The Arizona Desert Lamp

White Paper: College of Optical Sciences

Posted in UA Transformation Plan by Connor Mendenhall on 23 October 2008

Arizona’s College of Optical Sciences is something of a poster boy for our scientific prowess. Judging by the college’s white paper, it could be the new poster boy for UA Transformation, too:

While the College of Optical Sciences has had 9 budget cuts in 7 years we are financially sound because we have both reduced unnecessary expenses and more importantly we have greatly increased our revenue through many means as described below.  Furthermore, Optical Sciences appears to already be structured in a manner which is consistent with the direction the U of A would like to go. We have no departments and we have a cost effective administration which is centralized at the college level.  Because we are not hurting like so much of the U of A we feel the most beneficial thing we can do for our transformation plan is to help other portions of the University. 

The optics experts offer two ideas for lending a hand. First, sharing courses. According to the report there are 7 engineering, 16 physics, and “several” math courses that could be crosslisted with Optical Sciences, freeing a few instructors to teach other subjects. Easy enough.

Second, helping to “spread the entrepreneurial spirit” of Optics. This sounds like standard white paper claptrap, but the rest of the paper shows that Optics grasps a crucial economic insight: people respond to incentives. Take the college’s financial model:

Our funding model is different from many of the other colleges.  We receive little state allocated funds, but we receive a larger rate of overhead return than most colleges.  This means our financial condition is more in our own hands and there is a large incentive to increase our outside grants and contracts.  Since we get a larger percentage of the overhead return we are able to invest it in the areas that we feel will give the best payoff.

Or its faculty salary system:

We allow our faculty members to get pay increases if they have sufficient funds from outside grants/contracts to pay the increase.  The pay increase is given with the agreement that if at any time the faculty member is not able to pay the increase off his own grants/contracts the compensation goes back to the level it would have been without this increase.  This provides a big incentive for the faculty member to maintain a healthy level of outside grants and contracts.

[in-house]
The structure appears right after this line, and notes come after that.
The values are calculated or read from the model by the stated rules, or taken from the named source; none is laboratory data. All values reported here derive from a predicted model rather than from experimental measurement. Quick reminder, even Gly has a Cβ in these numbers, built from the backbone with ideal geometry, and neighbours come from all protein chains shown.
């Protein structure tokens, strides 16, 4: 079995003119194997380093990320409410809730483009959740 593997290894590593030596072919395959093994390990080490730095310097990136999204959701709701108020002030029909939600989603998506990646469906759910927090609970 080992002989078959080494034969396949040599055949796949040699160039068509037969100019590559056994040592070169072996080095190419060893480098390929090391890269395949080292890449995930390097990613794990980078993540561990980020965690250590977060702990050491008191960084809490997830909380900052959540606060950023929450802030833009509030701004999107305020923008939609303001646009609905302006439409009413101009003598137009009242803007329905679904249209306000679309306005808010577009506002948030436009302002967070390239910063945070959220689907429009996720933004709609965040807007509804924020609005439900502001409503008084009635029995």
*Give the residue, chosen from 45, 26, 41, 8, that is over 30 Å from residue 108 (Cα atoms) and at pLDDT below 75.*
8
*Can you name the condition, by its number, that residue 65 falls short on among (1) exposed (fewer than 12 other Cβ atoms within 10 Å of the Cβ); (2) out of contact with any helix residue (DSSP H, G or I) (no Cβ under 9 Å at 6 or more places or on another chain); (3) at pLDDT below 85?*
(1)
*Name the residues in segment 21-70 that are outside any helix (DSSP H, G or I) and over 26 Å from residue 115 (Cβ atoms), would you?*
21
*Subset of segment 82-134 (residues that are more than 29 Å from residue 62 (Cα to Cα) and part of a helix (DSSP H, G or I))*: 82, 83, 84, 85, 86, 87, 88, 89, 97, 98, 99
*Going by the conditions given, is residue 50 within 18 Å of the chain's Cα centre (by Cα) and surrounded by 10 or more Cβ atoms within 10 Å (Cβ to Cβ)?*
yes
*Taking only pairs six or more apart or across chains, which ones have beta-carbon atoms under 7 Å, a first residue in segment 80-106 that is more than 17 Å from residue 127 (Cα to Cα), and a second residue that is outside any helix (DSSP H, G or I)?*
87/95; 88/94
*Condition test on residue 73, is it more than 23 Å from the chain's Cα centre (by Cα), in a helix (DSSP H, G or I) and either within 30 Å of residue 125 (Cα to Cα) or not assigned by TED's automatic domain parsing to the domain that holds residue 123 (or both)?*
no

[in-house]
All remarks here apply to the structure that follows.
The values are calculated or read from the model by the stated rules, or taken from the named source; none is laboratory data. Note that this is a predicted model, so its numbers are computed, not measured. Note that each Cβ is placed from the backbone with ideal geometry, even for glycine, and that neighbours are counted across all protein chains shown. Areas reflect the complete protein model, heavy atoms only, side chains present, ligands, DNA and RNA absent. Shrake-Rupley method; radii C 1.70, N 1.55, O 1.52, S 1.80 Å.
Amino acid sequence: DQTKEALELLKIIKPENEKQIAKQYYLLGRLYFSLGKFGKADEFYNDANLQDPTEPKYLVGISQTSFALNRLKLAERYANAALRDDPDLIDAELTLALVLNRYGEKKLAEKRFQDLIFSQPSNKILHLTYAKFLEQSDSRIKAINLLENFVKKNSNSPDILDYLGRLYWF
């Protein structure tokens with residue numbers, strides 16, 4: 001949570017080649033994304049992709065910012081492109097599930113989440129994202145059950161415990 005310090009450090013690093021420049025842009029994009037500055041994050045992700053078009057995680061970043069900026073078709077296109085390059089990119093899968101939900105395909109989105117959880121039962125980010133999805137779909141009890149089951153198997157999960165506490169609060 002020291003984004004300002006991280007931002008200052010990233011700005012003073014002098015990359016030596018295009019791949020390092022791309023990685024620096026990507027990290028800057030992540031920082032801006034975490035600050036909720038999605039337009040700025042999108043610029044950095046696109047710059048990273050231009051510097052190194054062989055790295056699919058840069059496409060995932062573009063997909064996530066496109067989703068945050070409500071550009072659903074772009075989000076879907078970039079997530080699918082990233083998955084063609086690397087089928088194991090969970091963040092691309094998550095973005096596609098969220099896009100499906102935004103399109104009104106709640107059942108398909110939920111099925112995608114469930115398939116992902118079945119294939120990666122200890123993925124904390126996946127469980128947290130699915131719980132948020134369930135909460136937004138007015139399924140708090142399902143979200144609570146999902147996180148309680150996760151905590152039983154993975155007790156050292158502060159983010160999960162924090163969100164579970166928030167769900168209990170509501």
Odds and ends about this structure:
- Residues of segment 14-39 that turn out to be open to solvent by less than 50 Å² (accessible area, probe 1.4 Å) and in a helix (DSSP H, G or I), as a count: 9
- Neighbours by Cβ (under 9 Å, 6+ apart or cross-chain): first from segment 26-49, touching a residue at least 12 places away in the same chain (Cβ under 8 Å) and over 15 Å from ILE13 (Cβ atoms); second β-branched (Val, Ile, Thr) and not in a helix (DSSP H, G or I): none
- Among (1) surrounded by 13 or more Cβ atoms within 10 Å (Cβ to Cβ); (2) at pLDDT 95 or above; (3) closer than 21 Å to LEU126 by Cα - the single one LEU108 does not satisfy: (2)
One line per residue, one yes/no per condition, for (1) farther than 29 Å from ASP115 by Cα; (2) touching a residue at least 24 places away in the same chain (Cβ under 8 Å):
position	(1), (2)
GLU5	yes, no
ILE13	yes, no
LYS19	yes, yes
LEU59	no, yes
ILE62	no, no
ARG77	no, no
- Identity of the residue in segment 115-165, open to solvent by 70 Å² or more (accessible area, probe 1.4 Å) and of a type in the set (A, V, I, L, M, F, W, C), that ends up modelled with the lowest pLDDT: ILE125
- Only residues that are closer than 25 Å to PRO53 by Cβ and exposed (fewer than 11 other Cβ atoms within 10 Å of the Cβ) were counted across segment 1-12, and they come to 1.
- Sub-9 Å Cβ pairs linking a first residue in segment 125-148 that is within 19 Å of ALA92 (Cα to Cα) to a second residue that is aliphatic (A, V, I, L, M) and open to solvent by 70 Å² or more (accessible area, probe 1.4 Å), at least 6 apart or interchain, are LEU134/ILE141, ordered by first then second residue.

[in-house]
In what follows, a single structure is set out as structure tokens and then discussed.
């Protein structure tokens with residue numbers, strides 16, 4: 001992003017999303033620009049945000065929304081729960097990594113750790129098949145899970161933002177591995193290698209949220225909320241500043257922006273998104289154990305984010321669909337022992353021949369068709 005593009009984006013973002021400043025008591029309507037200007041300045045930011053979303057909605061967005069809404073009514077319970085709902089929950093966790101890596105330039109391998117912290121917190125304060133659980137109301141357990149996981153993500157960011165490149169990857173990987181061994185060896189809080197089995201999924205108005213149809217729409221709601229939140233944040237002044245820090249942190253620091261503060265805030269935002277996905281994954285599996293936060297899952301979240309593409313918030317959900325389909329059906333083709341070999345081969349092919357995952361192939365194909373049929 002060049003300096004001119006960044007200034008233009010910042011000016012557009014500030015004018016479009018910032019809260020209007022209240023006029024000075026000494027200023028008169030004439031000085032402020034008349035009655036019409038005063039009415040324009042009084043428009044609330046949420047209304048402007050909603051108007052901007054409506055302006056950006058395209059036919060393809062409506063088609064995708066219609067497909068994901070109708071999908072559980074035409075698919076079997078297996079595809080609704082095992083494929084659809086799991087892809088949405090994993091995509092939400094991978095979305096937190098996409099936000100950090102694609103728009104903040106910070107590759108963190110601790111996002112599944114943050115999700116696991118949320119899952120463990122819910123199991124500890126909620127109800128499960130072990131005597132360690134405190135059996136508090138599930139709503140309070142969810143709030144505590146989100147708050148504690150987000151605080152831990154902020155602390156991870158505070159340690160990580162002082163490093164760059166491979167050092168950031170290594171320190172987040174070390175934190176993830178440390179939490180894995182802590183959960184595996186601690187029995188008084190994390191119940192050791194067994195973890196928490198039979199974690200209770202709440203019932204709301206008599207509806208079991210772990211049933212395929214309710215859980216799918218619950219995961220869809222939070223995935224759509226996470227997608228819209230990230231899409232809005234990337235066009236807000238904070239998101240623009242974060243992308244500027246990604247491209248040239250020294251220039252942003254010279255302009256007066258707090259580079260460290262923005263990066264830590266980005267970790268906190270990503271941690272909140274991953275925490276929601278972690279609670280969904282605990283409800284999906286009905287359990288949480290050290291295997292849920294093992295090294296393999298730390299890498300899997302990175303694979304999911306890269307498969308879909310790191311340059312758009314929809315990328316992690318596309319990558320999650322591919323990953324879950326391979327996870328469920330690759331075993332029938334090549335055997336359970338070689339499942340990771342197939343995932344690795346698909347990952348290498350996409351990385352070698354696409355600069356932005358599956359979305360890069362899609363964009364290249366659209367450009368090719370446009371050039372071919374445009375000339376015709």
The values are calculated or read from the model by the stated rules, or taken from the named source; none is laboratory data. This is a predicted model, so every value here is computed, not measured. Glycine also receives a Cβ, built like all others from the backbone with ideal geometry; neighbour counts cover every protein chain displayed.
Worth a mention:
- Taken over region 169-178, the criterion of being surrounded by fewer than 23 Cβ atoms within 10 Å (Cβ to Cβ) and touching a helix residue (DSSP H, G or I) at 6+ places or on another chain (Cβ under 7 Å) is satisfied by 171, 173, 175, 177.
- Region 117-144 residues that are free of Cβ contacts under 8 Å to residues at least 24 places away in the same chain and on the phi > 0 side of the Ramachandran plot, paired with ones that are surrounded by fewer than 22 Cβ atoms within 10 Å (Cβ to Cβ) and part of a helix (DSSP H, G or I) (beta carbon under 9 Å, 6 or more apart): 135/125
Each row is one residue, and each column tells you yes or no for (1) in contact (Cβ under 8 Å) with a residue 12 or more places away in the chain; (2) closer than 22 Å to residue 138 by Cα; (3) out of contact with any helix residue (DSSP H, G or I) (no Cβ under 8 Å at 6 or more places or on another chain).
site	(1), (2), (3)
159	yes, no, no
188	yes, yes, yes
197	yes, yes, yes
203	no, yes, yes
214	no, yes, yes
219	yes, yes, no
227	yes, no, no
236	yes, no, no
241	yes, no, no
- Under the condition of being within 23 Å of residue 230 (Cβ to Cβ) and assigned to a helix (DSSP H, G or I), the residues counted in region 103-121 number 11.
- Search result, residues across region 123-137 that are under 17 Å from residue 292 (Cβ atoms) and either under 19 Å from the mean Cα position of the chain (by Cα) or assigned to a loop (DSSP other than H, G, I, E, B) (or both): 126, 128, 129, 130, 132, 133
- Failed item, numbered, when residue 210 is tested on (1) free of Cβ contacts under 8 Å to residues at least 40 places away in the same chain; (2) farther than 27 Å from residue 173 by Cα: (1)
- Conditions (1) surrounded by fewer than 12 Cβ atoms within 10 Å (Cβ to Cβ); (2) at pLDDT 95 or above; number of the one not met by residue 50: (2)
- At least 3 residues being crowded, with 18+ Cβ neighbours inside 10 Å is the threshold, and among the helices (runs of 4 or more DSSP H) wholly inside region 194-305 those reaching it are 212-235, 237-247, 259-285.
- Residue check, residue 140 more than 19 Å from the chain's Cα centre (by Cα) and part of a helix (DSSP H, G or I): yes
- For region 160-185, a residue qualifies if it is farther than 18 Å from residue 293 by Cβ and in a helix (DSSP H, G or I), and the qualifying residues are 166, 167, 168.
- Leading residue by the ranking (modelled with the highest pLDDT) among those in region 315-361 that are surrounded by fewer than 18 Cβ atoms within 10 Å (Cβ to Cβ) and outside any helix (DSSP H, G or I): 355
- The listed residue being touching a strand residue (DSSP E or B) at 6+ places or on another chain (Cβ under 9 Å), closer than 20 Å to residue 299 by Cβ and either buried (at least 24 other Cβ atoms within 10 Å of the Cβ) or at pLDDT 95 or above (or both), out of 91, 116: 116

Or correspondence courses:

We also have a distance learning program where we record many of our courses and then students throughout the world, mostly industrial scientists and engineers, take these courses to get either a Certificate in Optical Sciences or a Masters in Optical Sciences.  The faculty involved in these distance learning courses share in the revenue so there is an incentive to teach distance learning courses.

Little details in design can produce big payoffs, especially when they align self-interest and self-funding. Tweaks like this should be made to faculty salaries and funding systems in other departments.

Optics also provides ample evidence of its “entrepreneurial spirit” in action. Professors sell recorded lectures “to universities, companies, and individuals in the U.S., China and Europe,” along with “short courses on DVDs.” Optics wrote a full third of the patents filed by UA last year, which the college expects to pay off in the long run. Even better, “inventors of course share in the revenue so there is a good incentive to do the additional work involved in doing patent disclosures.”  Finally, Optics has “approximately 50 Industrial Affiliates,” who pay $5,000-$25,000 for access to faculty and a database of student resumes. 

The College of Optical Sciences is a great example of smart incentives and creative sources of private funding. Hopefully, UA will be able to focus and magnify their model across campus.


2 Responses

Subscribe to comments with RSS.

  1. Libby said, on 24 October 2008 at 12:16 pm

    Connor and Evan, you guys ought to consider this contest:

  2. […] of Optical Sciences, which filed a full third of UA’s patents last year, according to their whitepaper, and it starts to look a little embarassing. Seeking higher returns on intellectual property is one […]

Leave a Reply

Fill in your details below or click an icon to log in: Logo

You are commenting using your account. Log Out /  Change )

Google+ photo

You are commenting using your Google+ account. Log Out /  Change )

Twitter picture

You are commenting using your Twitter account. Log Out /  Change )

Facebook photo

You are commenting using your Facebook account. Log Out /  Change )


Connecting to %s

%d bloggers like this: